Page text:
Equity Highlight | Leah Lobato, Governor’s Committee on Employment of People with Disabilities & Business Relations

cloayza Stories

By: Claudia Loayza

There is impactful work to expand opportunity going on in state government! So much so that the Utah Division of Multicultural Affairs has been inspired to create regular Equity Highlights to be featured on our blog to create a platform for leaders, organizations, and state partners to share their vision of a more inclusive, thriving, and opportunity-filled Utah. Have an equity leader in mind or are you the leader and would like your story told? Email us with details to be featured!

This blog Equity Highlight is on Leah Lobato, Director of the Governor’s Committee on Employment of People with Disabilities and Business Relations with the Utah State Office of Rehabilitation, a division of the Department of Workforce Services. 

Director Lobato’s mission is to help promote the employment and retention of individuals with disabilities in competitive employment by promoting public and private partnerships and efforts. She networks, connects with and trains state, regional and national employers to better understand, prioritize, and operationalize accessibility in the workplace and beyond. 

Her educational and professional track record is expansive. She has a BS degree from the University of Utah, is a Certified Public Manager, and serves and participates on multiple boards and committees.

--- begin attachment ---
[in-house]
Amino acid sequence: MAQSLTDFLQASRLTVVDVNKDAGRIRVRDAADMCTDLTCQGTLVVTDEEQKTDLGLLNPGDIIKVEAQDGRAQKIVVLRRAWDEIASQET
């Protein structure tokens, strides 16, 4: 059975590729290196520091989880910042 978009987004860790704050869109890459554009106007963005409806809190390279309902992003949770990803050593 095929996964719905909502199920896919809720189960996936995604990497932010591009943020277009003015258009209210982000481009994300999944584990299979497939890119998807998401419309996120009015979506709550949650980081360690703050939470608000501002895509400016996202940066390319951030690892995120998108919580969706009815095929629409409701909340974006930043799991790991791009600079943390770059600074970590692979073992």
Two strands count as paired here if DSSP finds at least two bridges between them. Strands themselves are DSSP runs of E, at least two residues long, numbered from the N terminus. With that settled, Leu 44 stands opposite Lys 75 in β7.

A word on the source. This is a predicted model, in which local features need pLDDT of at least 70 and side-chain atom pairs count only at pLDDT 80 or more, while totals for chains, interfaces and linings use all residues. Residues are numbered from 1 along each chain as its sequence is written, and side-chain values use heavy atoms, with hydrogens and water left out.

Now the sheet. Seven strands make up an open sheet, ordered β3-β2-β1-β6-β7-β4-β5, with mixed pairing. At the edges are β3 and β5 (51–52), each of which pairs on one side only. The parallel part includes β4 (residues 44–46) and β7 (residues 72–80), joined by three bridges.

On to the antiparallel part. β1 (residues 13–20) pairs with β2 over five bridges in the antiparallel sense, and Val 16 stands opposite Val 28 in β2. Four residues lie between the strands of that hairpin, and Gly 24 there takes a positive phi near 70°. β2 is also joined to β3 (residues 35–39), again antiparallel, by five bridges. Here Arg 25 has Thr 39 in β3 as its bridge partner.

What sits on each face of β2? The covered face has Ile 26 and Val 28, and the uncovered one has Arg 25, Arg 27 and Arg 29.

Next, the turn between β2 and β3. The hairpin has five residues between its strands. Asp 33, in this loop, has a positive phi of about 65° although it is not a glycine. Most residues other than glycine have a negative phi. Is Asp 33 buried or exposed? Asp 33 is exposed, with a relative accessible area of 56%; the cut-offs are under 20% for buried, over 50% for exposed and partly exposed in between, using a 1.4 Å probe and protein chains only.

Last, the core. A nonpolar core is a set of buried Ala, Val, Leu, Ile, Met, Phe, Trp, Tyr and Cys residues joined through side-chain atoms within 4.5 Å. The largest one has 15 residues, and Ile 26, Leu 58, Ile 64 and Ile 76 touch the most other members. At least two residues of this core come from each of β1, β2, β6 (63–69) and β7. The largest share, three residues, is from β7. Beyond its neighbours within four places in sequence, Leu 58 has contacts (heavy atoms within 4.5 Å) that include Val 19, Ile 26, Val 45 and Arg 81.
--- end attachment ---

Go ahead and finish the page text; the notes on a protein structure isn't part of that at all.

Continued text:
Accessibility is the focus and passion of her work, and she emulates a “Nothing About Us Without Us” mentality. This slogan was coined during the Disability Rights Movement in the 1960s and relies on the principle of participation and active involvement from all members of society. She continues this legacy with her team in Utah to inform universal design frameworks and service-delivery in business and state that puts people and their potential at the forefront. 

Get to Know Leah Lobato & Utah’s Accessibility Efforts

Q&A conducted by staff at Utah Division of Multicultural Affairs. 

Q: Let’s start with the basics. How would you define accessibility and why is it important in our businesses, organizations, and daily life? What other key definitions are important to know?  

First, let’s define disability. Disability is a physical or mental condition that substantially limits one or more of life’s major functions (working, walking, speaking, breathing, seeing, hearing, learning, self-care, interacting with others, learning, writing, doing manual tasks). Disability impacts 1 in 4 Americans and is the only minority group any one of us could enter into or exit out of at any point in our lives.  Disability is a human condition, 1 in 3 of us has a family member with a disability. 

I could give an incredibly long and complex definition of accessibility that discusses all the technical aspects. I would rather share a simple definition of the term, ultimately, accessibility is ease of access to all aspects of everyday life for individuals. Creating accessibility involves addressing processes, attitudes, technologies, etc. that create barriers to participating in living a full life. Accessibility allows people with disabilities to access all areas of life from education, transportation, community activities, public and private spaces and ultimately work, as easily and readily as those who do not currently have a disability. 

Q: As a lifelong Utahn, what direction do you want our state to go in to better serve people with disabilities?